Bitcoin hits Australian dollar record ahead of April’s ‘halving’

As it stands, around 900 bitcoins are produced daily, as large miners solve complex puzzles that increase circulation. But the newly issued US ETFs require around 2800 bitcoins per day, according to James Butterfill, head of research at CoinShares.

“Bitcoin has previously been sensitive to interest rates, but this is not a macroeconomic story at all – it’s all about demand,” said John Toto, head of trading at Independent Reserve, a local crypto exchange.

Compounding the soaring demand is an impending supply crunch during an event known as “halving”. In April, the bitcoin blockchain will undergo a software upgrade that will reduce the number of bitcoin produced every day. The fourth “halving” will reduce the per-block output to 3.125 bitcoin.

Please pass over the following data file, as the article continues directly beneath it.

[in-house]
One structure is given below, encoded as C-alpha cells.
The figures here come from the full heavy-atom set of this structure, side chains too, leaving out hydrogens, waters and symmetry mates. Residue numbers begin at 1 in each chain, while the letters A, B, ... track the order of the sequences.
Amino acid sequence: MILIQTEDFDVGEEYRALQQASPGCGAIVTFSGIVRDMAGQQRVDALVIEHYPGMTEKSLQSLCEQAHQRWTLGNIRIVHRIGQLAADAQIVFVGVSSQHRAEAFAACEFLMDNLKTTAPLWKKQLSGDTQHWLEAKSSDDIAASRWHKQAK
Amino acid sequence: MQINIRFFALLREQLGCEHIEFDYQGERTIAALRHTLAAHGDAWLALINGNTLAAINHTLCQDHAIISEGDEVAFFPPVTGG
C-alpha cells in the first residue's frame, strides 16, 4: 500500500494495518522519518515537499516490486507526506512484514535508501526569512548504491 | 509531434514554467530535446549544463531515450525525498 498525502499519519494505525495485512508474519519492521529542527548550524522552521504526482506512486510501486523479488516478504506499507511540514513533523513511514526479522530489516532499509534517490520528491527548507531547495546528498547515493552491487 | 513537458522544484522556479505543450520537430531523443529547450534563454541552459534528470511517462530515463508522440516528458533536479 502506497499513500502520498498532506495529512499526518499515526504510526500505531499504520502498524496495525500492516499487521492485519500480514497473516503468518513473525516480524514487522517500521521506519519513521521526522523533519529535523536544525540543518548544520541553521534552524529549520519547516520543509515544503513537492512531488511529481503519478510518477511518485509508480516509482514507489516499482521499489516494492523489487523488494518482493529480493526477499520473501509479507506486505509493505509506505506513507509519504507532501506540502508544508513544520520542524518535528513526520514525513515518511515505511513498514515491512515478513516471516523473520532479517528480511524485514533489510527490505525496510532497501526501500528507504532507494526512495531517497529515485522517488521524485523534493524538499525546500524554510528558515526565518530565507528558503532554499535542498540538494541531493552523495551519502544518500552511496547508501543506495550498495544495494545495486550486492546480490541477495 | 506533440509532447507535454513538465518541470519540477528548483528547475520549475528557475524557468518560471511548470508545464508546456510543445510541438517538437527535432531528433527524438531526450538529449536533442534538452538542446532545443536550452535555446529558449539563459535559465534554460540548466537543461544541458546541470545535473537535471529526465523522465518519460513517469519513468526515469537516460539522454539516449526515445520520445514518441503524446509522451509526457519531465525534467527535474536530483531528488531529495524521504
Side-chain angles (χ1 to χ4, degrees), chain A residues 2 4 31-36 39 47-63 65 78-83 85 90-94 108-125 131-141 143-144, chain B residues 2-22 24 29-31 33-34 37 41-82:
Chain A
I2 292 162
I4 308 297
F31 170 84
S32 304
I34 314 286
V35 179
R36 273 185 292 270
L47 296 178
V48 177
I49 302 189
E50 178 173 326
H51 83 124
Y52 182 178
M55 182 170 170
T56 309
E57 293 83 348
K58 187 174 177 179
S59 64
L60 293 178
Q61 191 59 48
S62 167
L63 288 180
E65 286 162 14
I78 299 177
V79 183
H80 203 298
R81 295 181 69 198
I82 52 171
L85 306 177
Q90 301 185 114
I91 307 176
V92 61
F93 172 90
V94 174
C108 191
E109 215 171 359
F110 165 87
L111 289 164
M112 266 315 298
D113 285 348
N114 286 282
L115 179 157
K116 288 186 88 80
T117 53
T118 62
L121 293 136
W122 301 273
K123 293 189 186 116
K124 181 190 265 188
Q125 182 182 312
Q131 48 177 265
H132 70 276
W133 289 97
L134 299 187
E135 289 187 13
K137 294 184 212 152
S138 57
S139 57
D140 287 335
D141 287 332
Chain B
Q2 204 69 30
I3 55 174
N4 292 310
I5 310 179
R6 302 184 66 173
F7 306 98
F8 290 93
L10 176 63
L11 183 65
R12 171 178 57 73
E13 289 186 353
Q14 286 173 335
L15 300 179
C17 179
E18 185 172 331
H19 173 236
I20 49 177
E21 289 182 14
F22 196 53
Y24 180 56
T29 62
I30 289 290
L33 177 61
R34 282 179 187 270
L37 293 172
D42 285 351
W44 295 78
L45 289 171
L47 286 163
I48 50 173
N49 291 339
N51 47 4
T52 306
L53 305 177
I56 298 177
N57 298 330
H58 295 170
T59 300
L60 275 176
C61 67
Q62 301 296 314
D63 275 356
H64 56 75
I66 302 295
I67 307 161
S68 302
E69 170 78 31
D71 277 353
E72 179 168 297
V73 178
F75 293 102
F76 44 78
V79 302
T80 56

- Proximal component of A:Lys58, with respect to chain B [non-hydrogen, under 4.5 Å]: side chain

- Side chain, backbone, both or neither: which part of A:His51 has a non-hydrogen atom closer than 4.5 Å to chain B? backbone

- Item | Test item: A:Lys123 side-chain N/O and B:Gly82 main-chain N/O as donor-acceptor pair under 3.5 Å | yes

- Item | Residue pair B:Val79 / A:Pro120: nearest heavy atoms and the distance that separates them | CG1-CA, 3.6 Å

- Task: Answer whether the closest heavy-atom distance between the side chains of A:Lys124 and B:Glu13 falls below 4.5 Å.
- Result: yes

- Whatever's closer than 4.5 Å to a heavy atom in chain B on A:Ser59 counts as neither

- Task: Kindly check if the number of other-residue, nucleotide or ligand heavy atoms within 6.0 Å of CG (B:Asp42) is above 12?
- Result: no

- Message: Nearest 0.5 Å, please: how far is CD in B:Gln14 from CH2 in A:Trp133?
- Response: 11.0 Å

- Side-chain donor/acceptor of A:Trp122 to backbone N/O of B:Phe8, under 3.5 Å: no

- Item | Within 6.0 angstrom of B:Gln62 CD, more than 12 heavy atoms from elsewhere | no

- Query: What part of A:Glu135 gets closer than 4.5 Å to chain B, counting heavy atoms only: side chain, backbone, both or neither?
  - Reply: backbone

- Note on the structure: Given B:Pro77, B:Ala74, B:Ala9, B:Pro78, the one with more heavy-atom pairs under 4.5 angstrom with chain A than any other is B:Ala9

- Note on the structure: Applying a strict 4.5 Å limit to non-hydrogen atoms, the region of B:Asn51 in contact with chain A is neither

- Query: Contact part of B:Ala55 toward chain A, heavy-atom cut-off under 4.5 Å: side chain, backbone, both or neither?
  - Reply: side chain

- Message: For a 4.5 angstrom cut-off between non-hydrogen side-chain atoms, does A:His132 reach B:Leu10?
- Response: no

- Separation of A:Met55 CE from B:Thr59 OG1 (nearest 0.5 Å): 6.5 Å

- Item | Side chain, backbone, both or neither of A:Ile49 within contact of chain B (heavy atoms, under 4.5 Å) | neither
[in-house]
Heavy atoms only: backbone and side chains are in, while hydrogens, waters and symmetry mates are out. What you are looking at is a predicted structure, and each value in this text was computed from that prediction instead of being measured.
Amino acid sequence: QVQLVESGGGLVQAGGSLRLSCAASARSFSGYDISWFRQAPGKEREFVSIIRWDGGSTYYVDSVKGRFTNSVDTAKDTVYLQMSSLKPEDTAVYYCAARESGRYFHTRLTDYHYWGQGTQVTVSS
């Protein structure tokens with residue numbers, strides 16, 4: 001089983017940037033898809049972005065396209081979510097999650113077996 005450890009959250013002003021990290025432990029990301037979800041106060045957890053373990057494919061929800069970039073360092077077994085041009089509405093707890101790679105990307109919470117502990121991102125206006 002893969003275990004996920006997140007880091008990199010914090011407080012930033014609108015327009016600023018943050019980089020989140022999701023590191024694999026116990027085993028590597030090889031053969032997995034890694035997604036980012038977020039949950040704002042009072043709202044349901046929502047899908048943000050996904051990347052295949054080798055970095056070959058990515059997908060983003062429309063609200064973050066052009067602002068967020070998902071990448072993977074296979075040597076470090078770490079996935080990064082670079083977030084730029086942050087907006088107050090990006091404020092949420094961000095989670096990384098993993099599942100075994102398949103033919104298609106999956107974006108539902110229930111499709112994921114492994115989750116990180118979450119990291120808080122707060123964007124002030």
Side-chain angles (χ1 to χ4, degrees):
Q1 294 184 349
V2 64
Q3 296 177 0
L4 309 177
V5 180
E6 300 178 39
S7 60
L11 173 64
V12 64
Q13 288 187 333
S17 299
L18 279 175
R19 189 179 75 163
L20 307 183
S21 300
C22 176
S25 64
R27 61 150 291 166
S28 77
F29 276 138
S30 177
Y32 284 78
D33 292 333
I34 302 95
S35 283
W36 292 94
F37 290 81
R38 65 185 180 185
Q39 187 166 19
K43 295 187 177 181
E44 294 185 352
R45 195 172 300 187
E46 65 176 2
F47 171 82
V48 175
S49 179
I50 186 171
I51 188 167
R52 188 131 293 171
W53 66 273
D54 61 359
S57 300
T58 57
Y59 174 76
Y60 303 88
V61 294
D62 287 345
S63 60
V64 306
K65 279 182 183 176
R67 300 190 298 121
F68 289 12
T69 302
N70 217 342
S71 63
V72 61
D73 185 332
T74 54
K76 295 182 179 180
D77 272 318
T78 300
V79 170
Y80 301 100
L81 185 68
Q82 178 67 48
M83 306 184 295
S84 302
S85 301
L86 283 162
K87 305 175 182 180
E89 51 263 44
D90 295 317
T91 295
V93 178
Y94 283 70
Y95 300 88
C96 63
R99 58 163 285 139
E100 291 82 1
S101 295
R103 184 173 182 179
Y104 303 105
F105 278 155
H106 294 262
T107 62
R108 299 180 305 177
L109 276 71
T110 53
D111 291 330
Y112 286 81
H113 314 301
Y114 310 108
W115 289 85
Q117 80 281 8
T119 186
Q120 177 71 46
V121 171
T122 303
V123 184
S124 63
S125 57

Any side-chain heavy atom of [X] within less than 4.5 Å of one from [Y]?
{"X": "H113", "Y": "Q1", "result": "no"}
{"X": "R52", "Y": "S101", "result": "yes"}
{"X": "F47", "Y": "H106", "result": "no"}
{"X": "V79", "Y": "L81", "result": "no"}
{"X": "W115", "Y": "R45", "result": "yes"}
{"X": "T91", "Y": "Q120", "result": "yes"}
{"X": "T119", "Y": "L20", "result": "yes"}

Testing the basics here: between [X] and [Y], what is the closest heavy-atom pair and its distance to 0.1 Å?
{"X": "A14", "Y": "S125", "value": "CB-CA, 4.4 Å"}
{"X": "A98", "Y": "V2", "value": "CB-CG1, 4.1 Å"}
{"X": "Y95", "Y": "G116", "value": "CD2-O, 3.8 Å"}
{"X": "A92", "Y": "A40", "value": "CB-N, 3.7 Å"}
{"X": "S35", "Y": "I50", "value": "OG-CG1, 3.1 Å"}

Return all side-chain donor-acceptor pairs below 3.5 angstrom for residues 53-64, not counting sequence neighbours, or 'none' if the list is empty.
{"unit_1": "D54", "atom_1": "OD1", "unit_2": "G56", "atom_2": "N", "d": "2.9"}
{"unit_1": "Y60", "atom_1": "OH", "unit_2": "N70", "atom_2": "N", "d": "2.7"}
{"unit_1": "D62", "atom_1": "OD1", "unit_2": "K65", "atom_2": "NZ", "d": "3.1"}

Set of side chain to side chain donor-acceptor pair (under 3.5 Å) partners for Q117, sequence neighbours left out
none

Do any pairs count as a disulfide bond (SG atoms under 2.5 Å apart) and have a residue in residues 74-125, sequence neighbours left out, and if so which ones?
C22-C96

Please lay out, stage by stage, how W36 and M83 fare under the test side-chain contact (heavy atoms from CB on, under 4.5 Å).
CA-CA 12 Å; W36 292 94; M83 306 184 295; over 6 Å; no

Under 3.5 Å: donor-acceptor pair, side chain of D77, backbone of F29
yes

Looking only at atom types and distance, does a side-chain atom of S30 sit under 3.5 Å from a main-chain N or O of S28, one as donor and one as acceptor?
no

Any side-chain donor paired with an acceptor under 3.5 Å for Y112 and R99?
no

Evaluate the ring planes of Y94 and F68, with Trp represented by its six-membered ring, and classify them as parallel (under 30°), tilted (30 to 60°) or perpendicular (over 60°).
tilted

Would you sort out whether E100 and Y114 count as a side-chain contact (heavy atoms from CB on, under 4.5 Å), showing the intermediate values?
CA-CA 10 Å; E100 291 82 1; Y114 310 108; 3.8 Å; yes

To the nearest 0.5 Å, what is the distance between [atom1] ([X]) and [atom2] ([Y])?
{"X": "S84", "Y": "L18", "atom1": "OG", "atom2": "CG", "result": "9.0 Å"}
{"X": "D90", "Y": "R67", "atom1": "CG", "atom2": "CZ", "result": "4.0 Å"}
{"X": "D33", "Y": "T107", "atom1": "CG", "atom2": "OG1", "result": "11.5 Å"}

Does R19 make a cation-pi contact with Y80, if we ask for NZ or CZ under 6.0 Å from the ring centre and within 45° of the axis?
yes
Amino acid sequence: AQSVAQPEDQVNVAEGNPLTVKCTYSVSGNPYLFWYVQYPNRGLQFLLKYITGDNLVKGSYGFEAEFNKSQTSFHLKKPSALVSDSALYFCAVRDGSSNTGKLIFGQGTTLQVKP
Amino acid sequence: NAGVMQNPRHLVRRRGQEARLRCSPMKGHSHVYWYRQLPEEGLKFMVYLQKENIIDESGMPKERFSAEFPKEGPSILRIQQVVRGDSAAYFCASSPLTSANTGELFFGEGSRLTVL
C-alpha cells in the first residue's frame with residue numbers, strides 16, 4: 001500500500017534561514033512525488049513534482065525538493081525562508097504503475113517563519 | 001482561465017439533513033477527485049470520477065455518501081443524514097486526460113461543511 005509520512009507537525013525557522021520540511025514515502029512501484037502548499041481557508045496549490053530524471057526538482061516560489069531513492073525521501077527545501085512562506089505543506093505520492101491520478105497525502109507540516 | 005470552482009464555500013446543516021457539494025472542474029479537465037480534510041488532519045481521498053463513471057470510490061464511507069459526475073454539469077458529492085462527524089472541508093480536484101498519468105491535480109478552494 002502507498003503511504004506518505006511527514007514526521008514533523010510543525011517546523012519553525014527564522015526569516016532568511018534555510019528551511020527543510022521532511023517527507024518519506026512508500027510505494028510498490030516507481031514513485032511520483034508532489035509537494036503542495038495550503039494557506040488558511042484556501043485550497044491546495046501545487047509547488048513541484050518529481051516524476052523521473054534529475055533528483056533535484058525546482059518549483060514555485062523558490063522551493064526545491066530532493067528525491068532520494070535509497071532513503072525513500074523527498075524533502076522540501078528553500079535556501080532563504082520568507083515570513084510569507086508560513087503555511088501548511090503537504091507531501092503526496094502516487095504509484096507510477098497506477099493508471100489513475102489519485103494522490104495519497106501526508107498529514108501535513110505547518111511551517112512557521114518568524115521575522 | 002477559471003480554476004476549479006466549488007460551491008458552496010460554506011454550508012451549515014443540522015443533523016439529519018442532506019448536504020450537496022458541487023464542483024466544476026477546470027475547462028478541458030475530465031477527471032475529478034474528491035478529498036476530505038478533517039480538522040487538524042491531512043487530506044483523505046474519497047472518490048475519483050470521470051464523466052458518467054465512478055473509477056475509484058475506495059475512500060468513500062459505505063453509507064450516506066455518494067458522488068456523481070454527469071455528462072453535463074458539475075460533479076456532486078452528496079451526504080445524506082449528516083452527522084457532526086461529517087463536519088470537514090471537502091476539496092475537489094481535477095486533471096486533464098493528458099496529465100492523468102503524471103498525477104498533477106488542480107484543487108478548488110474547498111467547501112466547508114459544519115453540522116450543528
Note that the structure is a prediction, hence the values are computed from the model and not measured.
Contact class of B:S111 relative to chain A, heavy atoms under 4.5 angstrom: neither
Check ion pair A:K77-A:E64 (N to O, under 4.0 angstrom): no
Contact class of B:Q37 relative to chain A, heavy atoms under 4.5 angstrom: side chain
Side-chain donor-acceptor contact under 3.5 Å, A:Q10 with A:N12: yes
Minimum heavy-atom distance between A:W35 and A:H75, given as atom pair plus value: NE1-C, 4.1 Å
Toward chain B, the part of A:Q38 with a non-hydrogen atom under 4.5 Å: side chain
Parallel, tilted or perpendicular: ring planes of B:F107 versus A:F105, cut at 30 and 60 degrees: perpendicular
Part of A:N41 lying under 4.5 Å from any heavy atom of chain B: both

But volatility in the controversial asset class remains a risk. Throughout Thursday, more than $US700 million worth of crypto positions were liquidated as the price see-sawed wildly.

Once prices begin to fall during a sharp price uptick, the most highly leveraged traders are forced to liquidate, exacerbating a sell-off.

DVOL, a bitcoin volatility futures instrument powered by Deribit, shows that bitcoin’s 30-day implied volatility has jumped sharply and is recording a measure of 68 per cent.

“It’s a dangerous market for leveraged traders,” Ms Wade added. “It can fall just as quickly as its run-up.”

Bitcoin has staged a massive comeback since multi-year lows of around $US20,000 just under a year ago. But the rally hasn’t been entirely smooth. US-listed exchange Coinbase experienced a spate of outages on its retail platform, causing some users to see balances of zero.

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